How to quit well

Career + Application Leadership + Management


You always meet twice in life, is an old saying that is particularly true for workers in small industries and communities. So quitting a job without hurting anybody's feelings and keeping the door open for a happy reunion in some other time and place, can be key for a successful future career. 

Fast Company spoke to Mike Rognlien, who just quit at Facebook, about the “insurance policy” that is to leave well. “Think about what reputation you want to have,” he says. “How do you want your former company to feel about you and the work you did after you’re gone?” Here are some of his suggestions:

Sit down with your boss and talk. Don't drop your decision on people, build a relationship based on trust instead.

Deal with your fear. “If you want to leave, you’re probably not afraid of being fired,” he says. “It’s likely vulnerability, being judged, or unintended consequences. I’ve never seen somebody get into a mindful conversation with good intention and not have a good outcome.”

Say that you look for something different, not better. Don’t talk about how much more exciting the new role will be. Show that you are grateful for the job you are leaving behind.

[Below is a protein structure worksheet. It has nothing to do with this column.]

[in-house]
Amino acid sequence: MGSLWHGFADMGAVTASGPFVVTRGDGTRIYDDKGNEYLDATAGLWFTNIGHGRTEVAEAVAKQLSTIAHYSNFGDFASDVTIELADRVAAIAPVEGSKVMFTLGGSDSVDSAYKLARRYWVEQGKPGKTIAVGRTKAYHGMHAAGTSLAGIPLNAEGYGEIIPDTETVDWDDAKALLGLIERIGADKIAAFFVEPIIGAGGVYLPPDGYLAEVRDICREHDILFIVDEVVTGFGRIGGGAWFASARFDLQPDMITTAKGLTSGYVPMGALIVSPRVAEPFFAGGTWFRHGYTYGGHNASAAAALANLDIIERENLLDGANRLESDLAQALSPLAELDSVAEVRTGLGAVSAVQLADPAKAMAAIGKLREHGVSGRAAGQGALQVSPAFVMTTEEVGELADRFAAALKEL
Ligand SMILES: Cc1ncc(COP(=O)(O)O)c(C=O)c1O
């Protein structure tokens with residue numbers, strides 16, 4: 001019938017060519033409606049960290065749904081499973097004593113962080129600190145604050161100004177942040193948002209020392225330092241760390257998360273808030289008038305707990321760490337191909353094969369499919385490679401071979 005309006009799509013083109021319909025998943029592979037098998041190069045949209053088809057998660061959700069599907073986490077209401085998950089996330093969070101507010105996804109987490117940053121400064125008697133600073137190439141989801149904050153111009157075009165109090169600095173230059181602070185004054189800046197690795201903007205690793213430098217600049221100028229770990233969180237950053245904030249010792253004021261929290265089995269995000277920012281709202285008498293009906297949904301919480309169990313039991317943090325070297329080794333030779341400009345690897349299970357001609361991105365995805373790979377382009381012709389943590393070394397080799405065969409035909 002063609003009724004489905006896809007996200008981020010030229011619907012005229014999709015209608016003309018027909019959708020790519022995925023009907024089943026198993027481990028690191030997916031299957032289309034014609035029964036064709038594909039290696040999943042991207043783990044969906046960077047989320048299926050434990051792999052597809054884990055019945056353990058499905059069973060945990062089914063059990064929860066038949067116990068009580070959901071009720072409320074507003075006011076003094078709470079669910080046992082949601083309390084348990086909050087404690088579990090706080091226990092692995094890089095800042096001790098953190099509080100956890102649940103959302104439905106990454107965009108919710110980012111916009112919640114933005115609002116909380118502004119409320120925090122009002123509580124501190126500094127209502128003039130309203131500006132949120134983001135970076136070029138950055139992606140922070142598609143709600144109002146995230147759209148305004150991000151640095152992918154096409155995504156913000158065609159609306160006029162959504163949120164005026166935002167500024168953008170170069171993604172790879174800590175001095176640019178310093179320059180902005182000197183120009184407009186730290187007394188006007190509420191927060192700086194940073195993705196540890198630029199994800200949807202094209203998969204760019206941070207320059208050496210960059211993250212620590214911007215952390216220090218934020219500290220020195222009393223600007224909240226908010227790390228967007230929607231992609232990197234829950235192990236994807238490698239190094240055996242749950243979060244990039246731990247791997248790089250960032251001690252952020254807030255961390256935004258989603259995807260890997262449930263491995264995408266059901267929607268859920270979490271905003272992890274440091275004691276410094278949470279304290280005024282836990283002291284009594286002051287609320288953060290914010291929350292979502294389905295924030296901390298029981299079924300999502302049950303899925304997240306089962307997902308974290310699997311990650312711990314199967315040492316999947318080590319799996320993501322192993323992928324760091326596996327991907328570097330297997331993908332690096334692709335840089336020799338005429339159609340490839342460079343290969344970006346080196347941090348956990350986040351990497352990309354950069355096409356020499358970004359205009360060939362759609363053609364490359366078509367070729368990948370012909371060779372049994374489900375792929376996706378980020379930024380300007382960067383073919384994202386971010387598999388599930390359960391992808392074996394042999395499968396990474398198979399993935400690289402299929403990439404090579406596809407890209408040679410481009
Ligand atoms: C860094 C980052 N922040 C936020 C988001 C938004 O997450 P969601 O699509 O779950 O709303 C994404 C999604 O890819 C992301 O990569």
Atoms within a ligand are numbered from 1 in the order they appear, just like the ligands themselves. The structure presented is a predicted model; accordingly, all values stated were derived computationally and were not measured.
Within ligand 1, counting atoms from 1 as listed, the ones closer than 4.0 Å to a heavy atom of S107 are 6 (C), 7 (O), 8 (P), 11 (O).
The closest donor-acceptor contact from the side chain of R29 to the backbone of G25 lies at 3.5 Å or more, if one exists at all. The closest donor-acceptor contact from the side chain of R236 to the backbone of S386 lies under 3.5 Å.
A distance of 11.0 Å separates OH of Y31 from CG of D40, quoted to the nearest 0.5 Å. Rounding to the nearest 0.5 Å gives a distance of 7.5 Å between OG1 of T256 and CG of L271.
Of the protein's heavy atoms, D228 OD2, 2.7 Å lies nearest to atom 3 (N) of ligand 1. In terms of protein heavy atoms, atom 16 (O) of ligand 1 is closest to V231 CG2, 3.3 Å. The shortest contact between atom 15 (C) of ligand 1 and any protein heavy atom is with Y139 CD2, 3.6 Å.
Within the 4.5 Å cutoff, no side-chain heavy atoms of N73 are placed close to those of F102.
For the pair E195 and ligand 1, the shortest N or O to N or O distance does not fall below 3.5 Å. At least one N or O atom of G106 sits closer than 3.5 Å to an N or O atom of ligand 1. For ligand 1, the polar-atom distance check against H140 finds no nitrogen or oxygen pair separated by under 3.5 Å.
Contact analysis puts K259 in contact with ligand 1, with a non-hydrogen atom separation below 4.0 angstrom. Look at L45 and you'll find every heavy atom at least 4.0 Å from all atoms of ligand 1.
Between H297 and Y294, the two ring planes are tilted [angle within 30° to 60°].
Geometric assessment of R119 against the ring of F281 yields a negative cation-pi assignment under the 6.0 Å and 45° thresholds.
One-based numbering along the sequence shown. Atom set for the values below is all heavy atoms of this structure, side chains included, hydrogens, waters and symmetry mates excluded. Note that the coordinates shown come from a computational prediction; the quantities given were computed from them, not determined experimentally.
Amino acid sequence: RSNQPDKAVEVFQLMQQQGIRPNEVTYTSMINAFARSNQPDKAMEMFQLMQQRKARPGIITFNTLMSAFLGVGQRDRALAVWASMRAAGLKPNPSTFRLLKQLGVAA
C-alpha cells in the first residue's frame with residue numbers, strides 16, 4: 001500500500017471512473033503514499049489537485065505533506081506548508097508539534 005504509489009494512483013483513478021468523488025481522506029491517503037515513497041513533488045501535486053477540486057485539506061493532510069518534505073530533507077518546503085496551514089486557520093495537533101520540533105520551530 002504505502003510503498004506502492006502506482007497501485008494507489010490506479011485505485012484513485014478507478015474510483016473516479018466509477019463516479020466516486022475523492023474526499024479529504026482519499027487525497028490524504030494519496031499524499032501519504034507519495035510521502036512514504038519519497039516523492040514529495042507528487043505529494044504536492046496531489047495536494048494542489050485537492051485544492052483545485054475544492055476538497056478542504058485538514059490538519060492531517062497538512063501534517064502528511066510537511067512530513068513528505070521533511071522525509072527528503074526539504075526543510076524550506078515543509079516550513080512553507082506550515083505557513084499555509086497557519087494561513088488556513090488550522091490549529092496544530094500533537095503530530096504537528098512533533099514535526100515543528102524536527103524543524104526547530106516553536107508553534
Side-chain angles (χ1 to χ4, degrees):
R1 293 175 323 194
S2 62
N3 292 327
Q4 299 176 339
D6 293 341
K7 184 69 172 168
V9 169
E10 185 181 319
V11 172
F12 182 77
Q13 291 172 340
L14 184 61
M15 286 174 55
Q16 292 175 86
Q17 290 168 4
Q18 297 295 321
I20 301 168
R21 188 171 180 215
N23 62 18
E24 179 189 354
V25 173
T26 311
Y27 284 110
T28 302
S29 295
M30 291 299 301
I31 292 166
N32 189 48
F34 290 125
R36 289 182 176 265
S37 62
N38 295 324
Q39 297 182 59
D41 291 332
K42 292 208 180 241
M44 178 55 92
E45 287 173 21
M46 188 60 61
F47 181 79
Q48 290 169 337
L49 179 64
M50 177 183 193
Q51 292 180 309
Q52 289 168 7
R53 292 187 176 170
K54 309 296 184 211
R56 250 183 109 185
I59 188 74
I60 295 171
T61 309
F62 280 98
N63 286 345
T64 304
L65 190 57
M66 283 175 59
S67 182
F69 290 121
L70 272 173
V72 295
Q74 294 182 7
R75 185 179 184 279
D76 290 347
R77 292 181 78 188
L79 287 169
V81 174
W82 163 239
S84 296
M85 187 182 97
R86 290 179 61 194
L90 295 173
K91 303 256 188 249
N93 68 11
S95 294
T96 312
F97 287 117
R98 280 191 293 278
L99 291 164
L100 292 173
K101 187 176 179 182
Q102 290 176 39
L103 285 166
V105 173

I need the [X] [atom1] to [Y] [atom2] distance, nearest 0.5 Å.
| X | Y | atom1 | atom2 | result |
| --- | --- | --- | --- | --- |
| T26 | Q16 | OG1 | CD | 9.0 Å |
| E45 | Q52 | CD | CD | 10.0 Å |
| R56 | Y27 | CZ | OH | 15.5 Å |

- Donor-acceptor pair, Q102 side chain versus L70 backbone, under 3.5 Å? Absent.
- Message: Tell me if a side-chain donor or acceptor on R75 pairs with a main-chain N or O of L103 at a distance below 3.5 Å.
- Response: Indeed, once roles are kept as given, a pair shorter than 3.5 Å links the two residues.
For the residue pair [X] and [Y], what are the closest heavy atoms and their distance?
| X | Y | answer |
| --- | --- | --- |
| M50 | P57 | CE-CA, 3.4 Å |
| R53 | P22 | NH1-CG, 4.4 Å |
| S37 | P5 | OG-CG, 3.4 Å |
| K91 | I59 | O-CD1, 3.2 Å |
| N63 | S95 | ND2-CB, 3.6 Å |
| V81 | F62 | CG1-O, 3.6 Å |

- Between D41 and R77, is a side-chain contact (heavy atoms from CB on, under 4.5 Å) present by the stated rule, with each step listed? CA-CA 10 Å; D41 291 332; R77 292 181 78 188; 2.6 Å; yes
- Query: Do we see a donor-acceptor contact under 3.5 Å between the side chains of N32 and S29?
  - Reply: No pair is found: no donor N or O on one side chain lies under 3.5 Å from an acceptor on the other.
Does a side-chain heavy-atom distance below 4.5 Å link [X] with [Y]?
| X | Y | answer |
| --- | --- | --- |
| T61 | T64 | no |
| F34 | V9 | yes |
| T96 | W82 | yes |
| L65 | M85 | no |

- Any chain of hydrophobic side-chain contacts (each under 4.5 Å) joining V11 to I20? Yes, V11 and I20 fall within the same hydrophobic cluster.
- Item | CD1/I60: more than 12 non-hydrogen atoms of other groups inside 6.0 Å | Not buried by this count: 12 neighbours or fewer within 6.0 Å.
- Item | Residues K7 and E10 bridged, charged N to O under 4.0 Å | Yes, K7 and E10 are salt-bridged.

Give as much notice as possible. Show that you are willing to stay longer if necessary and be a resource for whoever replaces you. Wrap things up and hand off projects. Also be sure to say your goodbyes.

Do this, even if you are fired. While it’s easier to leave when it’s on your own terms, the exit strategy works in any circumstance, says Rognlien. “Being humbled by your experience will mean being very clear about mistakes you made and things you would have done differently.”

Start of well by showing that you are leaving well. Your new employer will likely be willing to wait while you wrap things up with your current job. “The conversation should help start you off on a good foot, demonstrating in the process that you’re conscientious about leaving,” says Rognlien.

Once you are gone, stay in touch and keep in contact with former co-workers. “There are three times when you have the highest amount of impact in a company: When you first start and you are the most dangerous person in the company; when you’re killing it and doing important work; and when you leave,” says Rognlien. If strong emotions aren’t managed well, leaving can do a lot of damage. “Leaving can be a positive experience if you focus on impact and work to leave a good legacy. You never know; you may need to go back or work with the same people.”



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